It is my pleasure to invite you to a Hart Seminar featuring Detlef von Daniels: 'Legal Pluralism and the Problem of Evil'. This is an optional pre-read seminar, and the
It is my pleasure to invite you to a Hart Seminar featuring Detlef von Daniels: ‘Legal Pluralism and the Problem of Evil’. This is an optional pre-read seminar, and the reading will be circulated to registered attendees one week prior to the event.
Abstract: From its very beginning, the debate on (global) legal pluralism has been dominated by two fundamental issues, the question of the appropriate understanding of law and the question of the appropriate ethical theory or ethical practice. The “problem of evil” is not part of the canonical questions raised in this debate. It might even appear to be too fundamental (“metaphysical”) or too remote to be dealt with in this context. Crimes against humanity, as an instance of extreme evil, will arguably be condemned by all sides in the debate, whereas the human condition, that people are free to choose or agree in different courses of action, good and evil ones, is usually taken for granted from a legal perspective. I will, however, show that the problem of evil is the third unacknowledged underlying question of the debate. To this end, I will explore in-depth the disputes at three crucial historical moments to reveal how considering the problem of evil illuminates hidden aspect underlying the debate. I will start with a discussion of the origins of legal pluralism in the work of Eugen Ehrlich and argue that even though he championed the social forces of living law he lacks the conceptual means to address their unsettling side-effects emerging at his time. I will then show that Ehrlich’s counterpart Hans Kelsen found himself in a theoretically equally unfortunate situation. I will end with a meditation on a scene in Jonathan Littell’s novel The Kindly Ones that explains how the very practice of scholarship might inevitably be consumed by the night of the 20th century. Together these three genealogical explorations show why legal pluralism needs to understand itself as a post-foundational enterprise.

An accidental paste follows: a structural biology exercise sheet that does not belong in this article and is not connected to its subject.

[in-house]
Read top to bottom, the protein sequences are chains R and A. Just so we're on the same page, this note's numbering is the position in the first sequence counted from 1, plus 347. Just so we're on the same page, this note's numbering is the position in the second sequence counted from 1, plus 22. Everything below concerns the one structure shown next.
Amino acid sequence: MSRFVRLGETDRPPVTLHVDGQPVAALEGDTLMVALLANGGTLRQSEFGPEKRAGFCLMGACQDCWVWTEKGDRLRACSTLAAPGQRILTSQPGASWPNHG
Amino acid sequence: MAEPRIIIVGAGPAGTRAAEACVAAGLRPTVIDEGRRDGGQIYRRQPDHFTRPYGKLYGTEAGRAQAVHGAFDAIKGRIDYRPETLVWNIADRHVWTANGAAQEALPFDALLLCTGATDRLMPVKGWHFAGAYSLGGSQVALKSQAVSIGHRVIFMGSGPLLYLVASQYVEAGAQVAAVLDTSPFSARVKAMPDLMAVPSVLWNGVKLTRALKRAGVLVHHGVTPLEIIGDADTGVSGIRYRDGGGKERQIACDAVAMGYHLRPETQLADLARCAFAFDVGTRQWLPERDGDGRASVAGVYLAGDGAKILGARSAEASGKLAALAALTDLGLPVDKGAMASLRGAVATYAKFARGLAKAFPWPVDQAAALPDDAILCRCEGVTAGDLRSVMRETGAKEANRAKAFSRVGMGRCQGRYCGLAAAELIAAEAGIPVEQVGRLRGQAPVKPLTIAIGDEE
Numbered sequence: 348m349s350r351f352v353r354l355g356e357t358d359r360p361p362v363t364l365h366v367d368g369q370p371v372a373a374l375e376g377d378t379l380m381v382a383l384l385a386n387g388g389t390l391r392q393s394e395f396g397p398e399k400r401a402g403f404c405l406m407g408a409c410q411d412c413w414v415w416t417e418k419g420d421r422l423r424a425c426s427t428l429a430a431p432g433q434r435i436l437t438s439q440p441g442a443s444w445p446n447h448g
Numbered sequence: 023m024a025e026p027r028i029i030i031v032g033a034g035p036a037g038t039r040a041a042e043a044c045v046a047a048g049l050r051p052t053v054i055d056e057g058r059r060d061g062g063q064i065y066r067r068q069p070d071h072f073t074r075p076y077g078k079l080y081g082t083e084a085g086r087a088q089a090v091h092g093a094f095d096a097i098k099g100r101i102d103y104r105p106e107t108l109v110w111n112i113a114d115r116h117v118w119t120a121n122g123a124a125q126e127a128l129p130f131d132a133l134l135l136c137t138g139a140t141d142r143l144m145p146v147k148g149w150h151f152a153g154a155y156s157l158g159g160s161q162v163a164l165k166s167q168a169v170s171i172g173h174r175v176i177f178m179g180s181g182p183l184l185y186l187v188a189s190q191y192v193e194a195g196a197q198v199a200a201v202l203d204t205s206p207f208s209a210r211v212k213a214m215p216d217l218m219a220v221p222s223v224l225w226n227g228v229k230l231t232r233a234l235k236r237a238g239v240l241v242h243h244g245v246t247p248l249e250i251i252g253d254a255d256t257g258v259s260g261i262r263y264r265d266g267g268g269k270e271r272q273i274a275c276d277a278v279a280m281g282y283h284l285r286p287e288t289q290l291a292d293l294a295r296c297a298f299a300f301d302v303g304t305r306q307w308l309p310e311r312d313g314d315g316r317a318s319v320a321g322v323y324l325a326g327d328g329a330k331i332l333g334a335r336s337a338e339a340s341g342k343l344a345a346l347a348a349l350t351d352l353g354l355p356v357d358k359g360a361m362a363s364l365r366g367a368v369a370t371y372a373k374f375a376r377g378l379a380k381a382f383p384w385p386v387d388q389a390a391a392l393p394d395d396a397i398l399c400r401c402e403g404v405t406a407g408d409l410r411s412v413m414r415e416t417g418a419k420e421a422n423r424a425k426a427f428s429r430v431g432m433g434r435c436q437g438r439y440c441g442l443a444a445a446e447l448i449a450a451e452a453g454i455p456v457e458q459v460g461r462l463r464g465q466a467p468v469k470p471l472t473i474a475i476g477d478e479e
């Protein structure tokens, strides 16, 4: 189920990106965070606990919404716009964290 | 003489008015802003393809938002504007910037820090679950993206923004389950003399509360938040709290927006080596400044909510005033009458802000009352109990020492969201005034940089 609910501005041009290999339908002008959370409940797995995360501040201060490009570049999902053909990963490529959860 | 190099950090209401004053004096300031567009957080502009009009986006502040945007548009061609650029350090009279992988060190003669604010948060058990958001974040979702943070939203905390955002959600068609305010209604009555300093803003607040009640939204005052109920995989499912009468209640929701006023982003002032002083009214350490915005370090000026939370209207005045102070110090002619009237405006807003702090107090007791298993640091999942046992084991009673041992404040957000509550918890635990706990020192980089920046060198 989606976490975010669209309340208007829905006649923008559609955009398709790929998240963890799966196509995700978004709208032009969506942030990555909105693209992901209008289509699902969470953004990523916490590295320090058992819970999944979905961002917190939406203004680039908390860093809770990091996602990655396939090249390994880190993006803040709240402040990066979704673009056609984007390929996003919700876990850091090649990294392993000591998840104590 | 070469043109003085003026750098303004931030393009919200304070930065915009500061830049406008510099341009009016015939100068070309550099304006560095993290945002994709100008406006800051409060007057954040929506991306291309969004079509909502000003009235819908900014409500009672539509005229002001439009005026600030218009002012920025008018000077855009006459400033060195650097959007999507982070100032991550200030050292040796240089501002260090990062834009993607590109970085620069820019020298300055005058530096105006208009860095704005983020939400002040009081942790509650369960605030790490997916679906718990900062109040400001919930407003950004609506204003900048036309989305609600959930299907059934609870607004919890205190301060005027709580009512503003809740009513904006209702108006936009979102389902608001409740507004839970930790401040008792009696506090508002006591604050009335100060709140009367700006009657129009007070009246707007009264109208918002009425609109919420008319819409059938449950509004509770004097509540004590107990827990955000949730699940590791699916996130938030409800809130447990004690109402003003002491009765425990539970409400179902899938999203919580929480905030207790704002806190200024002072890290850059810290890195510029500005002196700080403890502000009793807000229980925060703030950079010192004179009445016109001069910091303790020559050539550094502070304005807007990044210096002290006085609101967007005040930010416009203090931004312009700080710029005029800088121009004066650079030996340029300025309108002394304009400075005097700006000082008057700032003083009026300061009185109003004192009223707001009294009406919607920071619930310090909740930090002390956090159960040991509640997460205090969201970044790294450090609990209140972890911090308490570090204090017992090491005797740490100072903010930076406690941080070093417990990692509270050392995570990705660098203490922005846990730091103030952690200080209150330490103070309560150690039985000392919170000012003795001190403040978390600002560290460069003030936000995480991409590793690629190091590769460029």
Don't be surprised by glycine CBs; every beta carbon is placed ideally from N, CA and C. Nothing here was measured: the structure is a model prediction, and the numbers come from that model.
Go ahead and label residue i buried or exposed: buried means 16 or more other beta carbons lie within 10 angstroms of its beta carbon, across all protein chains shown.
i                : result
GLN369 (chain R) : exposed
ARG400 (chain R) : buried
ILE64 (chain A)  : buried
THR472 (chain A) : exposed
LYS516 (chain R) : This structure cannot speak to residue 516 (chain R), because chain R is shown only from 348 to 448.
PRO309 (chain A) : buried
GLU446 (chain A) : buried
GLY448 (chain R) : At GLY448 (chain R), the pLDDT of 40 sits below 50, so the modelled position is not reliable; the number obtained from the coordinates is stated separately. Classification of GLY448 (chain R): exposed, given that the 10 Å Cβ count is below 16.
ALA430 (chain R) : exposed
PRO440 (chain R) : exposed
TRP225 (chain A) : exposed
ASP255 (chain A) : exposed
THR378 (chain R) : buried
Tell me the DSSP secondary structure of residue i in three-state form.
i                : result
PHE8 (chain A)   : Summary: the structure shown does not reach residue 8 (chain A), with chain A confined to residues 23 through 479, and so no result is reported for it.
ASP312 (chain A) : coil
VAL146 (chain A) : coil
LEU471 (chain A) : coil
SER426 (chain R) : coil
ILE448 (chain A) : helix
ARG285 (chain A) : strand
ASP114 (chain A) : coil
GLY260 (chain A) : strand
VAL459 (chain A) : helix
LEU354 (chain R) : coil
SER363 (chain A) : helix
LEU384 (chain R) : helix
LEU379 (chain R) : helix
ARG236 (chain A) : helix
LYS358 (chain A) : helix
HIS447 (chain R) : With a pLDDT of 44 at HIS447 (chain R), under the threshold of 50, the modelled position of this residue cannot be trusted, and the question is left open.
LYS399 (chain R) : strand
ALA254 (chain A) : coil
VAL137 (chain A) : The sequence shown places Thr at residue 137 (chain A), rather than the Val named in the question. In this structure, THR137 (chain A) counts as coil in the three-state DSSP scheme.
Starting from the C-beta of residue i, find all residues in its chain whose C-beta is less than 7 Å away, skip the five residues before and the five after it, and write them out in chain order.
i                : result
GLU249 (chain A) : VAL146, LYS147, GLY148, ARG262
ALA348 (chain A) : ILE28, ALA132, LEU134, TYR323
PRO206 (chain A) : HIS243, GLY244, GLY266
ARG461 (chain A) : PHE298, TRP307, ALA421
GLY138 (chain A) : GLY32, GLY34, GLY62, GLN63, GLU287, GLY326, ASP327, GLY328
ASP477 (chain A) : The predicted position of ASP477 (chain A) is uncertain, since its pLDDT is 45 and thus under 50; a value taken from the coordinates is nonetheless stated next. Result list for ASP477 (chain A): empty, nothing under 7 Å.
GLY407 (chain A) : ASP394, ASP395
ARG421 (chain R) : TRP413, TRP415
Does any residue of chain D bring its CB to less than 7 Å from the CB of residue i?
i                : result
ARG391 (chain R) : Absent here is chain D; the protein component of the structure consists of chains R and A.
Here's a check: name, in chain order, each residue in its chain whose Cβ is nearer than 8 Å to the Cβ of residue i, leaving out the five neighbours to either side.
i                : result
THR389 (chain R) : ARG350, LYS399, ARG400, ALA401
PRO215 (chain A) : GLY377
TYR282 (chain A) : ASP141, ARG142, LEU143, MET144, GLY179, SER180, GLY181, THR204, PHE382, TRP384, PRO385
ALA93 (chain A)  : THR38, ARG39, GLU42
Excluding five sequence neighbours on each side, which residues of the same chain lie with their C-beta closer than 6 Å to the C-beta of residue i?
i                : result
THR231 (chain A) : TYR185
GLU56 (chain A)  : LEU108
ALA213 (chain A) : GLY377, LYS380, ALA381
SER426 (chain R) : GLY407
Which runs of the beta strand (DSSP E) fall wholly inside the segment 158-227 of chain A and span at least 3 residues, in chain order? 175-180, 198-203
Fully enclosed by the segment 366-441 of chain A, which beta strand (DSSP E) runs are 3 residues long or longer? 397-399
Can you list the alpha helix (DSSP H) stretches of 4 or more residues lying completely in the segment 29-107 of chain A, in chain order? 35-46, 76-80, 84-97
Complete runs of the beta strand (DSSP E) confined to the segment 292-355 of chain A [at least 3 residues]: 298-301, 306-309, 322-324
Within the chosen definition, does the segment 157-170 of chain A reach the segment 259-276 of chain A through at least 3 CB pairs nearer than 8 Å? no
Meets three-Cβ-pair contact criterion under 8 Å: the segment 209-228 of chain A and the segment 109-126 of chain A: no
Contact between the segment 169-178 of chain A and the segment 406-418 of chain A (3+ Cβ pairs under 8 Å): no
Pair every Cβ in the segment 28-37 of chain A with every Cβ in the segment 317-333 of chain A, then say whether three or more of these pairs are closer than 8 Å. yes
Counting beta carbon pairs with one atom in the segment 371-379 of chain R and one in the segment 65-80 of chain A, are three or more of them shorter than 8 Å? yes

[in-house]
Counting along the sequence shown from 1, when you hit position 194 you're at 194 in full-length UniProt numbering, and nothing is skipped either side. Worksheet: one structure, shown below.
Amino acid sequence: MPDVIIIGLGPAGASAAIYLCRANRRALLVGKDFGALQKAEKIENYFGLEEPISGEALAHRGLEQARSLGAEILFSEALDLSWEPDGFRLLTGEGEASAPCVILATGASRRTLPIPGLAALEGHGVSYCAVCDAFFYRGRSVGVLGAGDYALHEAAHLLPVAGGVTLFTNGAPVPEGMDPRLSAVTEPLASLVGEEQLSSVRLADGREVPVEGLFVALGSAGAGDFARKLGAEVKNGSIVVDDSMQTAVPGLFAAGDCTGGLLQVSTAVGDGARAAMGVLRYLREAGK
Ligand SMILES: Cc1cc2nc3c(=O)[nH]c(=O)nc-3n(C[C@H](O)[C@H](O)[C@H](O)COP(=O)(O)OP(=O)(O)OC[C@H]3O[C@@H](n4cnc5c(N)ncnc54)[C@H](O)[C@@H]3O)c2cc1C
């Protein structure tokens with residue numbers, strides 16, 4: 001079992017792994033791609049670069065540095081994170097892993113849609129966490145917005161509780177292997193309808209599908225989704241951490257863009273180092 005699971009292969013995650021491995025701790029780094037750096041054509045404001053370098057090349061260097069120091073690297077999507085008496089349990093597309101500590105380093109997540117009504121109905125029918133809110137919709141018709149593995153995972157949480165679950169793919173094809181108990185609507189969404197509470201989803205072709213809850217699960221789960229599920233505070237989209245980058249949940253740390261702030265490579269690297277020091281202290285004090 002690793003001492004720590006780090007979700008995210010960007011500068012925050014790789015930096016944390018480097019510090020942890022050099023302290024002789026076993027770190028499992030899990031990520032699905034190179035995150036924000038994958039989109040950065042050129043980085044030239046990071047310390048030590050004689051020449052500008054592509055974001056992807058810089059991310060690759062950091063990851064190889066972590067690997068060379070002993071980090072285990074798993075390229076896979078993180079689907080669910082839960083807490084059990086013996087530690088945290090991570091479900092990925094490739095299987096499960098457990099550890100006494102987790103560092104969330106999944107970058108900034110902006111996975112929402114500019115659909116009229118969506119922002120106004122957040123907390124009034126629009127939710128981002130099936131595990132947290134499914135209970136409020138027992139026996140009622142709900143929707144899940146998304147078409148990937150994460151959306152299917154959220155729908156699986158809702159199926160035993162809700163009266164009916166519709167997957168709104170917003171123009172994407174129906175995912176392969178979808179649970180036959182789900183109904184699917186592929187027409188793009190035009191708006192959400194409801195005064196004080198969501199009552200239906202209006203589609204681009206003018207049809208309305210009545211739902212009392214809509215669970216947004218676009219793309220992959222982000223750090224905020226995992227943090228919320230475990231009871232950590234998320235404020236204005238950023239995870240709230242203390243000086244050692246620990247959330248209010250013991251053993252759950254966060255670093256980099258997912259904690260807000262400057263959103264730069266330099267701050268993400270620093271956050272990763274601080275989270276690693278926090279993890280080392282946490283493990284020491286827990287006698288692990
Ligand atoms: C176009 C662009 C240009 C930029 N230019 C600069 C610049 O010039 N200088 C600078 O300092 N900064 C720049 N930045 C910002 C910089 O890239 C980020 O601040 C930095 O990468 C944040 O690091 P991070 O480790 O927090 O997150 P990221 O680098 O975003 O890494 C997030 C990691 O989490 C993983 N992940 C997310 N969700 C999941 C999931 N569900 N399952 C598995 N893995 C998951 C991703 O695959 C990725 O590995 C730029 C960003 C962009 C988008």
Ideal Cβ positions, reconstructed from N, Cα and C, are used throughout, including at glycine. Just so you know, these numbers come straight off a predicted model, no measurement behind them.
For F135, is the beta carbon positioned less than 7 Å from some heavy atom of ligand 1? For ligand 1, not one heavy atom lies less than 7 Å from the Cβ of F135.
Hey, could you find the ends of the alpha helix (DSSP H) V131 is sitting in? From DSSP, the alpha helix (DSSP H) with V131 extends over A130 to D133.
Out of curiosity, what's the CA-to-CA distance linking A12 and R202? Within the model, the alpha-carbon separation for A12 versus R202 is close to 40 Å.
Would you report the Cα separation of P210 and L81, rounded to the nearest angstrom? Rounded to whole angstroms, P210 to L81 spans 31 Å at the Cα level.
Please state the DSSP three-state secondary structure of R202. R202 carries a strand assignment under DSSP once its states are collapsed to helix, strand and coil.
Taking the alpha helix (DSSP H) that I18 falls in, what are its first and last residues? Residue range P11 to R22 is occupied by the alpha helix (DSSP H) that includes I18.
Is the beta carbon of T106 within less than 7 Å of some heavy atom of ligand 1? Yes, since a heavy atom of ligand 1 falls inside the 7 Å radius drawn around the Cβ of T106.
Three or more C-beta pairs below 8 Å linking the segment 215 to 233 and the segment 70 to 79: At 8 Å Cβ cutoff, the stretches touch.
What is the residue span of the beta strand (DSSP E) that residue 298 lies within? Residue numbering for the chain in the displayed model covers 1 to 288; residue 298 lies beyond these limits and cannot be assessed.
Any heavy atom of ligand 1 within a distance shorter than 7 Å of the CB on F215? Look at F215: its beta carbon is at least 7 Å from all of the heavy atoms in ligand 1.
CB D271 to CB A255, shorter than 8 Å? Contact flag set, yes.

Detlef von Daniels is Academic Coordinator of the International Justice and Institutional Responsibility research group at the Berlin-Brandenburg Academy of Sciences and Humanities. He studied Philosophy, History of Art, and Public Law and holds an M.A. degree from the University of Freiburg and a doctorate in philosophy from Georg-August-Universität Göttingen. Before coming to Berlin, he held postdocs and lectureships at the Mahindra Humanities Center at Harvard, the University of Witten/Herdecke, and Humboldt Universität zu Berlin. Dr. von Daniels is interested in the intersections between jurisprudence and philosophy, both in current theorizing and in the history of ideas. He has published a book entitled “The Concept of Law from a Transnational Perspective” and numerous articles in political and legal philosophy.
Dr. von Daniels’s seminar is part of our Hart Seminar Series, which features a diverse group of leading scholars working at the intersection of law and philosophy. Hart Publishing contributes generous support to make the seminar series possible.
(Wednesday) 4:00 pm - 6:00 pm
University of Surrey School of Law
Frank Whittle Building (AB) Fifth Floor, Guildford, GU2 7XH